certain improprieties. Applicant immediately wrote a letter
November, 1991 expressing surprise at his suspension but nevertheless
urging Top Management to meet to address the issues
Applicant's letter of 6th November, 1991. Applicant continued to come
to work as before. This caused the Managing Director
to write a
letter dated 12th November, 1991 in which he stated that it was now
the decision of the Board to suspend Applicant.
wrote back to the General manager asking for the particulars or exact
nature of the "impropriety"
that is being suspected against
no dispute up to this point, except that Applicant claims the General
Manager's private motor vehicle was involved in the
theft of petrol.
Respondent denies this, stating that because this fact was not
in the letter of the 6th November, 1991 it is an after thought. The
General Manager does not deny the rest of Applicant's
to the writing of Applicant's letter dated 13th November, 1991. The
General Manger states he suspended Applicant
because he had
information from the Police that during interrogation Francis Teke
had confessed that he stole tyres with Applicant.
The General Manager
claims this information was reliable. According to Applicant his
letter of 13th December, 1993 was never answered.
point applicant's affidavit and the General Manager's affidavit do
not agree. Applicant says he was invited to a meeting
at the Lesotho
Bank on the 14th November, 1991. He found the General Manager, the
night-watchman and the Board in discussion. He
was told Co go home.
He was invited to the Board meeting on the 18th November, 1991 where
queries which Applicant does not specify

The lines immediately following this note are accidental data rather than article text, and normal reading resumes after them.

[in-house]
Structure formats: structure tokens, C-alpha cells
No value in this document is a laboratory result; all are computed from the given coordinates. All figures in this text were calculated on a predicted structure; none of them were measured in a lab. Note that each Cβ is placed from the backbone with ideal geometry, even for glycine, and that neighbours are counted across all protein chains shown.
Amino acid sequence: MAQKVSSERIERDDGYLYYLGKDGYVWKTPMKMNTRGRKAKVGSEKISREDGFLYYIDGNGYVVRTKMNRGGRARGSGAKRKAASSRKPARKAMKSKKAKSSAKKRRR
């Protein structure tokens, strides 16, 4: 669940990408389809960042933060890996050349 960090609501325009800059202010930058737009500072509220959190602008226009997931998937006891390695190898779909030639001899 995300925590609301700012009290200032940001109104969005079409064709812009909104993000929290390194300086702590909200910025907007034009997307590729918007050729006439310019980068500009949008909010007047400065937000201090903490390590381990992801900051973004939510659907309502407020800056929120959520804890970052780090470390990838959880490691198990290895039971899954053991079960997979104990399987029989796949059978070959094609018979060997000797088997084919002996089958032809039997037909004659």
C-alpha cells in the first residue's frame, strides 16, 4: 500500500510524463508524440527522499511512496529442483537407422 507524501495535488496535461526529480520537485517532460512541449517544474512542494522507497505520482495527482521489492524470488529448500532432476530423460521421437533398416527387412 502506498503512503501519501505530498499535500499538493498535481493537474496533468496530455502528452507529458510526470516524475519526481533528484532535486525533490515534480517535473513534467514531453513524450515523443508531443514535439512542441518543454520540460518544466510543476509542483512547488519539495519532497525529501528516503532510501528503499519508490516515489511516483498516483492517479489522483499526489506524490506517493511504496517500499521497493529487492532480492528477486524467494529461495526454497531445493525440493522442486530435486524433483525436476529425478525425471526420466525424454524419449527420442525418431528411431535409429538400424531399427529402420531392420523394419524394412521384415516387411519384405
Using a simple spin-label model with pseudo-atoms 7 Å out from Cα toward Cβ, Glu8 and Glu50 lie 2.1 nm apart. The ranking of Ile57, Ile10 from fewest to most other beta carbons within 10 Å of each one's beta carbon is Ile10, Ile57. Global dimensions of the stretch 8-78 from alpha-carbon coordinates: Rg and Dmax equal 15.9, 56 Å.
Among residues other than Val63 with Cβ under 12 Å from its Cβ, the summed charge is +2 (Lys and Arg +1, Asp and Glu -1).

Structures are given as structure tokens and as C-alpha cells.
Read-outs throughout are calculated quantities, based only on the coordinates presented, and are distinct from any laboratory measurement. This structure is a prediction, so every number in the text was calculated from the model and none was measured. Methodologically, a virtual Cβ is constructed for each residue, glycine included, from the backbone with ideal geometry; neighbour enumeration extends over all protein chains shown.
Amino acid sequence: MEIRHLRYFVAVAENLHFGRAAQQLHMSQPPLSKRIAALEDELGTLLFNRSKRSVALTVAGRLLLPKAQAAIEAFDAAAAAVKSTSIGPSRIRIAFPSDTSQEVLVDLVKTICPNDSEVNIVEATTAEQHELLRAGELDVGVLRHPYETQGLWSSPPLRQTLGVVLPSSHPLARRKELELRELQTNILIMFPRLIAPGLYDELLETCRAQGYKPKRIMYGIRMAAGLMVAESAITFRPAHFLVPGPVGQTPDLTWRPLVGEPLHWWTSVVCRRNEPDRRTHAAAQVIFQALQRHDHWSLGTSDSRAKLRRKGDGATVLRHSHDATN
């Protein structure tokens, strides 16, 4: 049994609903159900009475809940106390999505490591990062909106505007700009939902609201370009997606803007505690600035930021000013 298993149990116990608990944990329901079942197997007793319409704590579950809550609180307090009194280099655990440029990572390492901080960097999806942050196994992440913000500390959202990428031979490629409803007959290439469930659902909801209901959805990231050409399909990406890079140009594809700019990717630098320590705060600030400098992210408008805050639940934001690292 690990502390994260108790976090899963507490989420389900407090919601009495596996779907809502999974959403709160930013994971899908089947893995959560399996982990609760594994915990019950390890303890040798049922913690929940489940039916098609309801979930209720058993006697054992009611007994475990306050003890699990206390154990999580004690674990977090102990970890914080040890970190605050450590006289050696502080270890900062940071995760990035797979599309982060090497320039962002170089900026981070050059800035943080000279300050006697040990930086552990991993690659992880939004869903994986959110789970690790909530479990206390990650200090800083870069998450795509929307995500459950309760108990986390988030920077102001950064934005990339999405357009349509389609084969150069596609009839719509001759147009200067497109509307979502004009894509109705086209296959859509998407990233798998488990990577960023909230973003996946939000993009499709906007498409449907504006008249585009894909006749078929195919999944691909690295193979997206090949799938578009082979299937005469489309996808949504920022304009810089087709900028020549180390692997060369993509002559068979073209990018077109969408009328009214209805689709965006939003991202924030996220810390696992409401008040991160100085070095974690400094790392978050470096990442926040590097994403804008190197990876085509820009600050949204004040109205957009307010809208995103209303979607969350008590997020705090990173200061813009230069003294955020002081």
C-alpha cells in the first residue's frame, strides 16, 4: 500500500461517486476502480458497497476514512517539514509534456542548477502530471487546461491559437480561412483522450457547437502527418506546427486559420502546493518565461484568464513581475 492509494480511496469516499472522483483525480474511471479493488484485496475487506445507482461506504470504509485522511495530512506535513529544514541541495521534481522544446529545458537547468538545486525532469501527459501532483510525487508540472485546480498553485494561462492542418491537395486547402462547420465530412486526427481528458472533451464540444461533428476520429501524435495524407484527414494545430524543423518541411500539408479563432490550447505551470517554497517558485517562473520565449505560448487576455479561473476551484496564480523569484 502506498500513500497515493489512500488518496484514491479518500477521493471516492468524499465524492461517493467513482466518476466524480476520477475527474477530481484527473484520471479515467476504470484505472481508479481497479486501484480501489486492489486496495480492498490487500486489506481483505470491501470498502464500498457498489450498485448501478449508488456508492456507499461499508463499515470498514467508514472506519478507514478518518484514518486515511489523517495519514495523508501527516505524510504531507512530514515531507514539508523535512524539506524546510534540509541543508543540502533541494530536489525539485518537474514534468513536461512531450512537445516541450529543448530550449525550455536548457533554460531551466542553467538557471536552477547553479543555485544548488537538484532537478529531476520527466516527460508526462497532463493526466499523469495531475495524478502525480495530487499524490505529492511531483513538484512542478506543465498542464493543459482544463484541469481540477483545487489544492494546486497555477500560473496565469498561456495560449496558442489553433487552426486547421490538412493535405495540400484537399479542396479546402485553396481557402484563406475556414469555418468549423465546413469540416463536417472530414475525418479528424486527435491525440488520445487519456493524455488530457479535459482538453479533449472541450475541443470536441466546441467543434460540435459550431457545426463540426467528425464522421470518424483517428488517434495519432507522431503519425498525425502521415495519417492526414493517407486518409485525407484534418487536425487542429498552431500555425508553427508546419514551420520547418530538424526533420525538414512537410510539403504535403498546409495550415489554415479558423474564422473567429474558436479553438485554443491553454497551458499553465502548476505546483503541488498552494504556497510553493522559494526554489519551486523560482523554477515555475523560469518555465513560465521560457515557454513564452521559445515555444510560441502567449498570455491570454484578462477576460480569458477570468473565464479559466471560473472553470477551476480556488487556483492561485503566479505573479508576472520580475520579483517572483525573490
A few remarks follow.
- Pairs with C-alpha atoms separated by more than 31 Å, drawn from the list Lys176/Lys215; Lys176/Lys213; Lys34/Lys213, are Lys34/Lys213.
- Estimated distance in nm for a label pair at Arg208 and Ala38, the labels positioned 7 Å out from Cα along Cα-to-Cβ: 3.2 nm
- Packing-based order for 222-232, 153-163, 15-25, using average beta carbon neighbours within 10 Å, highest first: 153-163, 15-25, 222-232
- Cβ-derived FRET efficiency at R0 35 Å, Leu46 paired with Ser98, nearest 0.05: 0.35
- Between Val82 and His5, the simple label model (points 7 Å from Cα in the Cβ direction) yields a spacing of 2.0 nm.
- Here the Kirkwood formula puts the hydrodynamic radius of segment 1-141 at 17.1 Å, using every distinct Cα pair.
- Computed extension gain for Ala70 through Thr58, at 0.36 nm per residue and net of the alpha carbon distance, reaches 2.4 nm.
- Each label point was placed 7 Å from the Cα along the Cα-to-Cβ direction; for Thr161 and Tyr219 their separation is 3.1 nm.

were raised. He was told to
come on another date but when he came there was no quorum, therefore
no business was transacted. He
was surprised to get a letter dated
13th December, 1991 from the General Manager summarily dismissing him
from employment because:-
"The Board finds you unworthy of the position of Technical
manager. You are summarily dismissed
from the employ of National Motors Company (Pty) Limited."
says he was not given a hearing as he was never given a charge. He
says questions that were put to him and his answers
to them do not
amount to a quasi judicial hearing he was entitled to.
General Manager of Respondent says Applicant was given a fair hearing
and cites the statement annexed by applicant to his papers
Annexure "MT9" as evidence of Applicant preparation for the
hearing of 18th November, 1991. The General Manager
does not say
anything about the fact that Applicant was never given a written
reply or statement as to the nature of the impropriety
presentation of the National Motors to the Board marked Annexure
"MT9" and the letter of dismissal Annexure
were filed with Applicant's application. A short comparison of the
two should reveal if indeed Applicant knew
of the charge and was
prepared for the hearing of the disciplinary case. Applicant claims
he went before the Board to discuss hie
letter of 6th November, 1991
to the General Manager in which he had asked for a meeting of to
in Annexure "MT9" makes the following points:
Audit reports had shown financial problems of National Motors. In
the letter of 6/11/91 this appears.
of petrol and unpaid bills owed by staff members also appear in the
letter of 6/11/91.
claims in September 1991 he approached the General Manager ;about
losses. This does not appear in the letter of 6/11/91.
Manager does not challenge this.
thieves of petrol money were caught through Applicant. In the letter
of 6/11/91 this does appear.
thieves of tyres were caught also appears in Applicant's letter of
fact that police informed Applicant of the General Manager's
frequent visits tot he police asking for certain staff members
arrested does not appear in the letter of 6/11/91. Also
not mentioned in that letter is the fact that Applicant was
interrogated by the police.
fact that on 11/11/91 Applicant found burnt out remnants of